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Old 30th May 2008
bsdnewbie999 bsdnewbie999 is offline
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Default installing openbsd

How do i write the image file(cd43.iso) into pendrive using freebsd command?
I found that cd43.iso just a 5MB file, what files does it included? I need to install gnome and other applications through ports?
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Old 30th May 2008
gamaliel gamaliel is offline
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Well, I can't speak for the commands to unpack it (and I assume you want it to be bootable) onto the pendrive, but you downloaded the older way of installing. In the old way, you had this small agent (5mb) that would start the install, and you then pointed it to the actual location of the packages (on the net or an ftp server you had predetermined). Check this link for more info

http://www.openbsd.org/faq/faq3.html#ISO

That should tell you what you need. If you are planning on putting the whole OpenBSD install on your pendrive, that option is certainly available to you, you just need to download the right iso.

Last edited by gamaliel; 30th May 2008 at 03:34 PM.
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Old 30th May 2008
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jggimi jggimi is offline
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The CD image is a CD9660 file system, using an El Torito boot. This works for CDs, but will not work for flash drives. They need MBRs, just like a hard drive. I do not know of any way to make a CD9660 file system bootable on a hard drive.

If you cannot use any of the install media (diskette, CD, network) then you can either yank your hard drive and insert it into a different computer that can, or, you can build your own bootable pen drive from another, pre-existing OpenBSD system. You need the ramdisk kernel and the second stage boot loader in an OpenBSD FFS file system, and you need a PBR installed in the MBR to point to the second stage boot loader.

Network boot for install should be an option, and it does not require a pre-existing OpenBSD system. Specific needs vary by architecture. Since you're asking about bootable USB connected flash drives, I'll assume either i386 or amd64: those merely requires a NIC on the installing system that supports PXE, and a configurable DHCP server and a TFTP server on your local network.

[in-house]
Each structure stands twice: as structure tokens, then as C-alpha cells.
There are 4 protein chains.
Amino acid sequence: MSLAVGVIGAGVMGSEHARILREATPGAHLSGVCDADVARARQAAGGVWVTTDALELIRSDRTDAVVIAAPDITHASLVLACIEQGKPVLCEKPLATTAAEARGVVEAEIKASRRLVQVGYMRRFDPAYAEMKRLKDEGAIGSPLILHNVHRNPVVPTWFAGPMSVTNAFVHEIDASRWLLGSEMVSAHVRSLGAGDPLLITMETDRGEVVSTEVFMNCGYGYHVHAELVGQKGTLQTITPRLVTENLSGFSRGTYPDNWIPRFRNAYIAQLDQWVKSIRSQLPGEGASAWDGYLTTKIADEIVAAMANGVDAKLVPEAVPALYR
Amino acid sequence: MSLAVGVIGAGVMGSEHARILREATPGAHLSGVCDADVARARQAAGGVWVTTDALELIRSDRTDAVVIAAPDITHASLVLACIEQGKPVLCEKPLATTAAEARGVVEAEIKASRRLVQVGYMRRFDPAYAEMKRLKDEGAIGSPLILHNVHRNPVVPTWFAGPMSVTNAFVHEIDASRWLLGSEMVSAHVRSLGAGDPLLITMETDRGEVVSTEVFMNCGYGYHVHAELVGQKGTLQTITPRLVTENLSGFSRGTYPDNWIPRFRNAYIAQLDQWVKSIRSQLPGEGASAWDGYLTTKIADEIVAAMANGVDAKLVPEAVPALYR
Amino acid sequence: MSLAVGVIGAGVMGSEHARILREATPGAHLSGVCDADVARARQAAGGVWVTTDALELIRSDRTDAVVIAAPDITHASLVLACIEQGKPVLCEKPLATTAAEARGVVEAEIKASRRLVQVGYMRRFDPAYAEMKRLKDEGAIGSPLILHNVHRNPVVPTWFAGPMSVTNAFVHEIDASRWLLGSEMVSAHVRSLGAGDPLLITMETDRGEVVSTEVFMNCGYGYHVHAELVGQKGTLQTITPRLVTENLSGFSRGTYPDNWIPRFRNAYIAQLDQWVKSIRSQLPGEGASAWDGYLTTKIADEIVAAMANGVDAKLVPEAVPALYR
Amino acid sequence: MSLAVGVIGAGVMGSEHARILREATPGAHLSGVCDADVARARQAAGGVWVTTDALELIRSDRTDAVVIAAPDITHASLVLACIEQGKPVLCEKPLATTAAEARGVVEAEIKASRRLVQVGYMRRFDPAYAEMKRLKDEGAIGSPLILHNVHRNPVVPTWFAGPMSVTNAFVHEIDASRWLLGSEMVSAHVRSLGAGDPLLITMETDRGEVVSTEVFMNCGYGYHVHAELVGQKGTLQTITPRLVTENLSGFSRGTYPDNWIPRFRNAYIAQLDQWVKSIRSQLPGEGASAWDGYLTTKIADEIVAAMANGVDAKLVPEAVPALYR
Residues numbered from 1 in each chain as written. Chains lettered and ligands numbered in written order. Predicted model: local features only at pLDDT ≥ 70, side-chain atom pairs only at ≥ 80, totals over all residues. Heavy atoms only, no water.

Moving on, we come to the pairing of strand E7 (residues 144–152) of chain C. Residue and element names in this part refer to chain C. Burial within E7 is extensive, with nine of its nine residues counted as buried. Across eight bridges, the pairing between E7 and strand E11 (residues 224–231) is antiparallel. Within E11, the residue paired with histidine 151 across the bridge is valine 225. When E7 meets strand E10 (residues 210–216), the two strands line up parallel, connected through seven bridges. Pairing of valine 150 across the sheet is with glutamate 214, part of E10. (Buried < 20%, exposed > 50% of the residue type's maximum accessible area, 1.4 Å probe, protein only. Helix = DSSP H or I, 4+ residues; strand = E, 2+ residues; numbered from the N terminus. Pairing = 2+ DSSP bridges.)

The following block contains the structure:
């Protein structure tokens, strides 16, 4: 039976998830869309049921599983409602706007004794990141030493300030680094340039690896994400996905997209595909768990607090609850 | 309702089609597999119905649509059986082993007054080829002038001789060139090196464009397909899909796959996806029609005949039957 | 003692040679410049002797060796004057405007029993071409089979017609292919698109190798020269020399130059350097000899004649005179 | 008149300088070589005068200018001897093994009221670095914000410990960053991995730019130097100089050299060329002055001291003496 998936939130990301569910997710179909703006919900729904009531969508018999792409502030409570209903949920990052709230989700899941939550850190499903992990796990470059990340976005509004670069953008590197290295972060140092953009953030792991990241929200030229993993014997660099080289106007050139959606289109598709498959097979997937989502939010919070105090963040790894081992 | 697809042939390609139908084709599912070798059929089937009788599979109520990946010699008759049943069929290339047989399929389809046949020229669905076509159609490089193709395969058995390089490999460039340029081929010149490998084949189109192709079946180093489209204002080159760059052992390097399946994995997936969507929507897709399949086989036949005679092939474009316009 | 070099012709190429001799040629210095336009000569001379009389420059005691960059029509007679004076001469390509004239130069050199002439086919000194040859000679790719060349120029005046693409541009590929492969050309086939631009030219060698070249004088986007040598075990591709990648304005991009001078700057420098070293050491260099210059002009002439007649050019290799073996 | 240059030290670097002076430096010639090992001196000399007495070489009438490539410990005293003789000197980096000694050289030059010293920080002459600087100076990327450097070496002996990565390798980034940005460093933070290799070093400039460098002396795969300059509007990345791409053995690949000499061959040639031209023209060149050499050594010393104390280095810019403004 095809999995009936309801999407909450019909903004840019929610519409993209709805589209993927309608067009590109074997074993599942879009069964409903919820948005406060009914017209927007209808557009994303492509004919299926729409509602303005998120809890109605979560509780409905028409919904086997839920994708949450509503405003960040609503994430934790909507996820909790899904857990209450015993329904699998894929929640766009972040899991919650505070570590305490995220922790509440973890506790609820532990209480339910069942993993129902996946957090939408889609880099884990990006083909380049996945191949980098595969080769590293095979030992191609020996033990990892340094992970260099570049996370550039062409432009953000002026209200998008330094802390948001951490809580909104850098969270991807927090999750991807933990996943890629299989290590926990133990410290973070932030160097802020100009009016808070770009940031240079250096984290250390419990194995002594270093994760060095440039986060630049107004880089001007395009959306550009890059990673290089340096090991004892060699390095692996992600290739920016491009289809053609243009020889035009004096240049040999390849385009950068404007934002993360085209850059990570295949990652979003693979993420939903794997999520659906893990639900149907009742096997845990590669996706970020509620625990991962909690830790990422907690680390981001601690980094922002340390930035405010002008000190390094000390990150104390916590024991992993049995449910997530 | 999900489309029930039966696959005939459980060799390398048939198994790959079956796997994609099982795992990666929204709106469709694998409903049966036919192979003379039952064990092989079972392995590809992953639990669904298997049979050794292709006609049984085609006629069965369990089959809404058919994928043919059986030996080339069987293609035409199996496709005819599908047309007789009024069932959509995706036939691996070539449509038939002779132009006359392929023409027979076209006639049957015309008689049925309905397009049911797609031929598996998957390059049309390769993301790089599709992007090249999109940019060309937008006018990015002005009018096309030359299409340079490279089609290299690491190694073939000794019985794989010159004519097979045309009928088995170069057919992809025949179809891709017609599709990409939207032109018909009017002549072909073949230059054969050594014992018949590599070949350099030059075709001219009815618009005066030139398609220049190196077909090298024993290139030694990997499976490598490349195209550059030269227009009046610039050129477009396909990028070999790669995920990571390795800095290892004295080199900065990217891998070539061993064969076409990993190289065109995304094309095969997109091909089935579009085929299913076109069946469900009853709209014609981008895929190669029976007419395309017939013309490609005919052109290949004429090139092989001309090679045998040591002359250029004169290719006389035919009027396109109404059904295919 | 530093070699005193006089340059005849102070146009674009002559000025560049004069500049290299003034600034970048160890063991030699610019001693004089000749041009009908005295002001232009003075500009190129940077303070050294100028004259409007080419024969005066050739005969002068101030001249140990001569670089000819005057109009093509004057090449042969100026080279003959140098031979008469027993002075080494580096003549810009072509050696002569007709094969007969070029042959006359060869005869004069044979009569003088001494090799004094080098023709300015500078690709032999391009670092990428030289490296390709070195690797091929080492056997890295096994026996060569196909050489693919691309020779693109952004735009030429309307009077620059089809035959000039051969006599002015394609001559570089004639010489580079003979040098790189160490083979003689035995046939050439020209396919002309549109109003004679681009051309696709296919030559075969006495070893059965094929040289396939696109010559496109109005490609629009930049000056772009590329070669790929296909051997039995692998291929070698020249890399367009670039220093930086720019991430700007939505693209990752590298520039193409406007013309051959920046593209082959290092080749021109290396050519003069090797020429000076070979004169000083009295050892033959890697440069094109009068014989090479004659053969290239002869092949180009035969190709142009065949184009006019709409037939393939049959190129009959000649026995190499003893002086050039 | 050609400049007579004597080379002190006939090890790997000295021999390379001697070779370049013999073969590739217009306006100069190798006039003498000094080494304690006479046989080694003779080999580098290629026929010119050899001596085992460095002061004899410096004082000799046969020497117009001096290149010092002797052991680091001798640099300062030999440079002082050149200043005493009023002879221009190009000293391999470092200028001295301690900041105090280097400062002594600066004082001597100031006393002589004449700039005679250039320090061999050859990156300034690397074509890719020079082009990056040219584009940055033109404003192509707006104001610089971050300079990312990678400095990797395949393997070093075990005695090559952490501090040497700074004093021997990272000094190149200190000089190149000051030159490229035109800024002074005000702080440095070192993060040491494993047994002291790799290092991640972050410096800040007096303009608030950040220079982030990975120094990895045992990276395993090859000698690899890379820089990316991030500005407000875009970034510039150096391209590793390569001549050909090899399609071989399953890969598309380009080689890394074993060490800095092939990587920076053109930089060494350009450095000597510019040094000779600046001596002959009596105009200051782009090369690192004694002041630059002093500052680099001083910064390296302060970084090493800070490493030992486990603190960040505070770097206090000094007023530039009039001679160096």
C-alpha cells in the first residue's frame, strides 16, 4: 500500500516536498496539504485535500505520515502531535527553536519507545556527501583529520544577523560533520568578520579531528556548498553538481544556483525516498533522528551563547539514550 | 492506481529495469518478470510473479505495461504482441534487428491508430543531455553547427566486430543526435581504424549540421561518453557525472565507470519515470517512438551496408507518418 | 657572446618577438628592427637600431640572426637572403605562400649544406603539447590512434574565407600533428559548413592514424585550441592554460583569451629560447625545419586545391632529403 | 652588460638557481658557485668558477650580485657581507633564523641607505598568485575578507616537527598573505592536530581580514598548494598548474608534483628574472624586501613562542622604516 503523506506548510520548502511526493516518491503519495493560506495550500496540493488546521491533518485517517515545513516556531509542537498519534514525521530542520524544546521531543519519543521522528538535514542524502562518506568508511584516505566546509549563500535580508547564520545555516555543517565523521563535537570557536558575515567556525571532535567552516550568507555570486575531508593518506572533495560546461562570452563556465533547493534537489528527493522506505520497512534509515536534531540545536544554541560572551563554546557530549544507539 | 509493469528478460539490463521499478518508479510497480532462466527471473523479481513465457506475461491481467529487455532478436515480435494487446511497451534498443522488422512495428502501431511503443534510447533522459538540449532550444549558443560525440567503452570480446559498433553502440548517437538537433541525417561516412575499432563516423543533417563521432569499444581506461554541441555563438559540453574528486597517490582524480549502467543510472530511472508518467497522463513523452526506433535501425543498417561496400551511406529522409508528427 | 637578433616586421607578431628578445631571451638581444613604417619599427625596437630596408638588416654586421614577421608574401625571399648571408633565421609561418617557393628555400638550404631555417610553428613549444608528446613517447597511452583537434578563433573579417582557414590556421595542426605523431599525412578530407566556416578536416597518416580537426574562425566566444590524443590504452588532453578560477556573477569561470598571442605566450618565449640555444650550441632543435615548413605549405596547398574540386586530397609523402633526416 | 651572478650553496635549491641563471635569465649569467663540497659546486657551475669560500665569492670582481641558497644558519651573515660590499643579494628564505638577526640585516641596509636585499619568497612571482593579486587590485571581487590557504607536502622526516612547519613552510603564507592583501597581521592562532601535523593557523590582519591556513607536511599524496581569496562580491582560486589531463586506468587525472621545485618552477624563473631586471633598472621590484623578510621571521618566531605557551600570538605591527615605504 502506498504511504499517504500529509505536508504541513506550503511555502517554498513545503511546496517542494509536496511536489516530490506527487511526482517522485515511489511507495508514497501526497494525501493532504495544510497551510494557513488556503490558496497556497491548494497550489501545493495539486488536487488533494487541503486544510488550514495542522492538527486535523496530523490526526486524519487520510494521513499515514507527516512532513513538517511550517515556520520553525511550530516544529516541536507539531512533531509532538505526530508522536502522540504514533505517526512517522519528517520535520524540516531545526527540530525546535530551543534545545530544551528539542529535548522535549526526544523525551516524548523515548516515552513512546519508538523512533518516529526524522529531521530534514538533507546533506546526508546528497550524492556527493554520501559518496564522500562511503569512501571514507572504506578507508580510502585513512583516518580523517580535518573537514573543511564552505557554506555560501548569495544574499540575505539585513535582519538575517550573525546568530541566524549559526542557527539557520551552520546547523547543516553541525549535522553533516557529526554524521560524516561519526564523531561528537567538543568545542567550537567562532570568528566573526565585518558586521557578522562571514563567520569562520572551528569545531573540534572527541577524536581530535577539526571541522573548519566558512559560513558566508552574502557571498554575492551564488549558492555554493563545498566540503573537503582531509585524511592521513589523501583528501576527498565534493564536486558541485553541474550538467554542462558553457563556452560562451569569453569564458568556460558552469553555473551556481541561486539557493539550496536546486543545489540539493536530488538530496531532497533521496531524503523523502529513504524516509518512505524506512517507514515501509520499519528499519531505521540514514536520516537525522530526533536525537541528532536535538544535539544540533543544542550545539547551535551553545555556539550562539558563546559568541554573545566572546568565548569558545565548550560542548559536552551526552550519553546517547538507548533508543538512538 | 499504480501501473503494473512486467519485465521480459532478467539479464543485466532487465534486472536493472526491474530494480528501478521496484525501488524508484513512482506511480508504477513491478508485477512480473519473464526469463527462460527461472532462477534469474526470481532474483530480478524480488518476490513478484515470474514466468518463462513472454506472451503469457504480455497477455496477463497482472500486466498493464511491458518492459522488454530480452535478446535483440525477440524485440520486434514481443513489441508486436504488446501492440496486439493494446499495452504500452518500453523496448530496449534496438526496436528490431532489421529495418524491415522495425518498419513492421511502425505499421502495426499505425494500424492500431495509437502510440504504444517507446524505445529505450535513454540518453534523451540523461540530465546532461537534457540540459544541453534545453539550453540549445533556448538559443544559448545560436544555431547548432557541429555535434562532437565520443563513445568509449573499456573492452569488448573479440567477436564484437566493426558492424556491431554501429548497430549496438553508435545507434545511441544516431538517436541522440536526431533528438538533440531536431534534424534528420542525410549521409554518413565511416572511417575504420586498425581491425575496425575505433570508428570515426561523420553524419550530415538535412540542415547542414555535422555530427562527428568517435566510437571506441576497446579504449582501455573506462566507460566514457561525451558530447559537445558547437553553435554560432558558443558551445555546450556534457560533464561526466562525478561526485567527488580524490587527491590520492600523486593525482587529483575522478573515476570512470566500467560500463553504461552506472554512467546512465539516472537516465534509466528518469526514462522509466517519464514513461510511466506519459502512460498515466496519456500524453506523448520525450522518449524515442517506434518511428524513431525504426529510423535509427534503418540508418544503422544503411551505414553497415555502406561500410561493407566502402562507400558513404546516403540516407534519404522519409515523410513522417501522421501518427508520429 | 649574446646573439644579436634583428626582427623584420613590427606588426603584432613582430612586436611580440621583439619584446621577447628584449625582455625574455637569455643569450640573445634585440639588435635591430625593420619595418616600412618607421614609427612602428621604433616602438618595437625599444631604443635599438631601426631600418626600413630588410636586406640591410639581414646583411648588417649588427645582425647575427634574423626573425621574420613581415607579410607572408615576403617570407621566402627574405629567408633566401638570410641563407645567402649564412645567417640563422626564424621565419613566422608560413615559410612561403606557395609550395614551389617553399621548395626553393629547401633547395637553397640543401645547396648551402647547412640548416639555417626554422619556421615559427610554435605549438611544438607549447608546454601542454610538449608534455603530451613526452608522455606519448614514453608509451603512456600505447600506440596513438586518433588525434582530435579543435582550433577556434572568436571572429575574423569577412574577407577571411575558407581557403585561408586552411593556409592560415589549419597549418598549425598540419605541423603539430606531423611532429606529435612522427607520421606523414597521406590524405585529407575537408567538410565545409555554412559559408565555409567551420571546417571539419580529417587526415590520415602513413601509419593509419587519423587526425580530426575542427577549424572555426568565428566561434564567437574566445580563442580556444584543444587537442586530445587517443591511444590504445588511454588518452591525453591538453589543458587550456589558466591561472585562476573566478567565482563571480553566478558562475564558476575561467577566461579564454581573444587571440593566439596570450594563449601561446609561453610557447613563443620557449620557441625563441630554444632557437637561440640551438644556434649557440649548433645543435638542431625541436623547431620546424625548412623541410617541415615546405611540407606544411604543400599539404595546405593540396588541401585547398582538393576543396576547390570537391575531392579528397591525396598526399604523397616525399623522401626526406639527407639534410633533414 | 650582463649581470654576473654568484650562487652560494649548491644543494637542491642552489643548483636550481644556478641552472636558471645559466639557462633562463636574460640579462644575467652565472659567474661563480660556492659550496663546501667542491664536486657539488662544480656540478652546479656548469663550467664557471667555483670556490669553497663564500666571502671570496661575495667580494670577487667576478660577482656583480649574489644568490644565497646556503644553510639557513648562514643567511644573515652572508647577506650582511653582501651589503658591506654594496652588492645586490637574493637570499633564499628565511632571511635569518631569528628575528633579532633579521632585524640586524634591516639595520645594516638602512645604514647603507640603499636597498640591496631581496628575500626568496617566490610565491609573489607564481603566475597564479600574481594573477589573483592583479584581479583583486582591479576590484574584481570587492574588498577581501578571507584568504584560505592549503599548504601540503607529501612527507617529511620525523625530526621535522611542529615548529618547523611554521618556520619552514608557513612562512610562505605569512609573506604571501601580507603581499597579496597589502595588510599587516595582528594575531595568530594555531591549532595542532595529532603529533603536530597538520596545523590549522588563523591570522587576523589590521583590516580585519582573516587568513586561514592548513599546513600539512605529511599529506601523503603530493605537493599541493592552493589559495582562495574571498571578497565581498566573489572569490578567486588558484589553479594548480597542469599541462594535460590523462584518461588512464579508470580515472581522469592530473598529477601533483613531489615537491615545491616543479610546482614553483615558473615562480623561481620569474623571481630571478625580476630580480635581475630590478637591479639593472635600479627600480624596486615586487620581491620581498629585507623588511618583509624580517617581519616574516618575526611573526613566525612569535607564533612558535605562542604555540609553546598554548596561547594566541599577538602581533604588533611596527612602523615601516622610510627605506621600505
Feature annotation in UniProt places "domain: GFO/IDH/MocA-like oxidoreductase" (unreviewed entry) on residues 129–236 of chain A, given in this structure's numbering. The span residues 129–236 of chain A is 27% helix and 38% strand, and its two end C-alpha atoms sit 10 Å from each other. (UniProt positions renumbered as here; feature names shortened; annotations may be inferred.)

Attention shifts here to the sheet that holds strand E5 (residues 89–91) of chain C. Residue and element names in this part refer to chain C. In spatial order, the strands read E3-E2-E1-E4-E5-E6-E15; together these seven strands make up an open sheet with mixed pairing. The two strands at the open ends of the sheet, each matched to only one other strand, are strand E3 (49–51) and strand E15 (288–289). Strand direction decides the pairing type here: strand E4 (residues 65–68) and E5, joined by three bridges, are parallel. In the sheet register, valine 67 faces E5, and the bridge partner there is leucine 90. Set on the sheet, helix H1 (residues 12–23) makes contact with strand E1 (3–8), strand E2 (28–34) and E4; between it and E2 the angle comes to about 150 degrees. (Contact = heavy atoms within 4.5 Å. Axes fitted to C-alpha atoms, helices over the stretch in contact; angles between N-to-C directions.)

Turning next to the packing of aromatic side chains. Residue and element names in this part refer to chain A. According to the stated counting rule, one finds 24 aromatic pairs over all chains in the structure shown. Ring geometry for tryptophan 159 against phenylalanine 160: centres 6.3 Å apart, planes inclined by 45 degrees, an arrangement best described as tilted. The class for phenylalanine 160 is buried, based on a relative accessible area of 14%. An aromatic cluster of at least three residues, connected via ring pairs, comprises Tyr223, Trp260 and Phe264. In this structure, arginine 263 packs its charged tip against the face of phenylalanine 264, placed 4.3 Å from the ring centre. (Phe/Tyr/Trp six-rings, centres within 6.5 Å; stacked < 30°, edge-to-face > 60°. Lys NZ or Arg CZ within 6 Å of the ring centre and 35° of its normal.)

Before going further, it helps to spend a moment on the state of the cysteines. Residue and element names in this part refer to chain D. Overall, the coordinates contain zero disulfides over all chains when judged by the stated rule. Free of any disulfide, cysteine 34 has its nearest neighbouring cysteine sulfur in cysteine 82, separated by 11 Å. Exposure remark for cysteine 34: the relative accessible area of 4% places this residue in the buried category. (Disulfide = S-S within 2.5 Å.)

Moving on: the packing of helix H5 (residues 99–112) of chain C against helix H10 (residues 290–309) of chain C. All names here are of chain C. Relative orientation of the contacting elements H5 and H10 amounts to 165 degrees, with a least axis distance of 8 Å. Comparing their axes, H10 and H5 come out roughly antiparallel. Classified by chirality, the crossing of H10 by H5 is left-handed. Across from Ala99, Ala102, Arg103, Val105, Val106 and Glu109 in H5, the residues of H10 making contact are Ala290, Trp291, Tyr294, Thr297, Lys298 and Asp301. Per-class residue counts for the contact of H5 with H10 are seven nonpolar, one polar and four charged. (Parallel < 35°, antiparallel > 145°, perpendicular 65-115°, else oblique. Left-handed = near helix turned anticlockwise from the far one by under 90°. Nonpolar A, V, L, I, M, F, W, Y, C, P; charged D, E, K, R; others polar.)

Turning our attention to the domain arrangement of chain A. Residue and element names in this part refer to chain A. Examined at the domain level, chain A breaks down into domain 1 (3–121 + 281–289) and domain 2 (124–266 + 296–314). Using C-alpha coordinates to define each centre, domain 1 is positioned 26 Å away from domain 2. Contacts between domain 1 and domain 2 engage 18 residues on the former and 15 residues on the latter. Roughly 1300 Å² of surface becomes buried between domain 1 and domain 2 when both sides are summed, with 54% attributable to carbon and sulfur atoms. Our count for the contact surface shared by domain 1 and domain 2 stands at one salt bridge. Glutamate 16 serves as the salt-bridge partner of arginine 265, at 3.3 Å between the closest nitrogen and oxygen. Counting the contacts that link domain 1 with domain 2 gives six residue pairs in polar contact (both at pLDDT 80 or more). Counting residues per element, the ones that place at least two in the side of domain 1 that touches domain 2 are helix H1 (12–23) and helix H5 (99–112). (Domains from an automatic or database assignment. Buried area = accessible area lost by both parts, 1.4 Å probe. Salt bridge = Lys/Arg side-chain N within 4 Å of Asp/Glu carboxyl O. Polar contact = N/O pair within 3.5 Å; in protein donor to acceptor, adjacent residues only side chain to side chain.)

Last edited by jggimi; 30th May 2008 at 04:39 PM. Reason: clarity
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Old 30th May 2008
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If network install is not an option, booting the cd43.iso image on a computer of the same architecture that has a BIOS which can boot the El Torito CD gives you the ramdisk kernel, and this is enough of OpenBSD to build a bootable pen drive.

This is basic process. Disclaimer: this is untested, from my fallable memory. Use this only as a guide. Look up the commands and what they do before doing any of them. Some settling of contents may occur during shipping. All models over 18.
  1. Boot the CD
  2. At the "Install, Upgrade or Shell" prompt, select the shell.
  3. Insert the pen drive. You will see kernel messages about the insertion, including the virtual SCSI drive # assigned to the drive. For this example, I will use "sd0" but it may be another number.
  4. Put an MBR on the drive, reserve all space as a single MBR partition for OpenBSD:
    # fdisk -iy sd0
  5. Put an OpenBSD disklabel on the drive, assign all available space as a single "a" partition on sd0:
    # disklabel -E sd0
    Use "a a" to add partition a, take the defaults for all prompts, once the partition is created, use the "q" command to exit the disklabel program. Answer "y" to write the disklabel.
  6. Format the "a" partition on sd0 as an OpenBSD FFS partition:
    # newfs sd0a
  7. Mount it:
    # mount /dev/sd0a /mnt
  8. Copy the second stage boot loader and the ramdisk kernel to it:
    # cp /bsd.rd /mnt
    # cp /usr/mdec/boot /mnt
  9. Create an /etc/boot.conf on the drive so you do not have to request the ramdisk kernel manually at boot time:
    # mkdir /mnt/etc
    # echo set image /bsd.rd > /mnt/etc/boot.conf
  10. Install the PBR:
    # /usr/mdec/installboot -v /mnt/boot /usr/mdec/biosboot sd0
  11. Unmount the pen drive:
    # umount /mnt

Last edited by jggimi; 30th May 2008 at 05:54 PM.
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Old 4th June 2008
bsdnewbie999 bsdnewbie999 is offline
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Which one is the most easy way to install? I really not familiar with openbsd...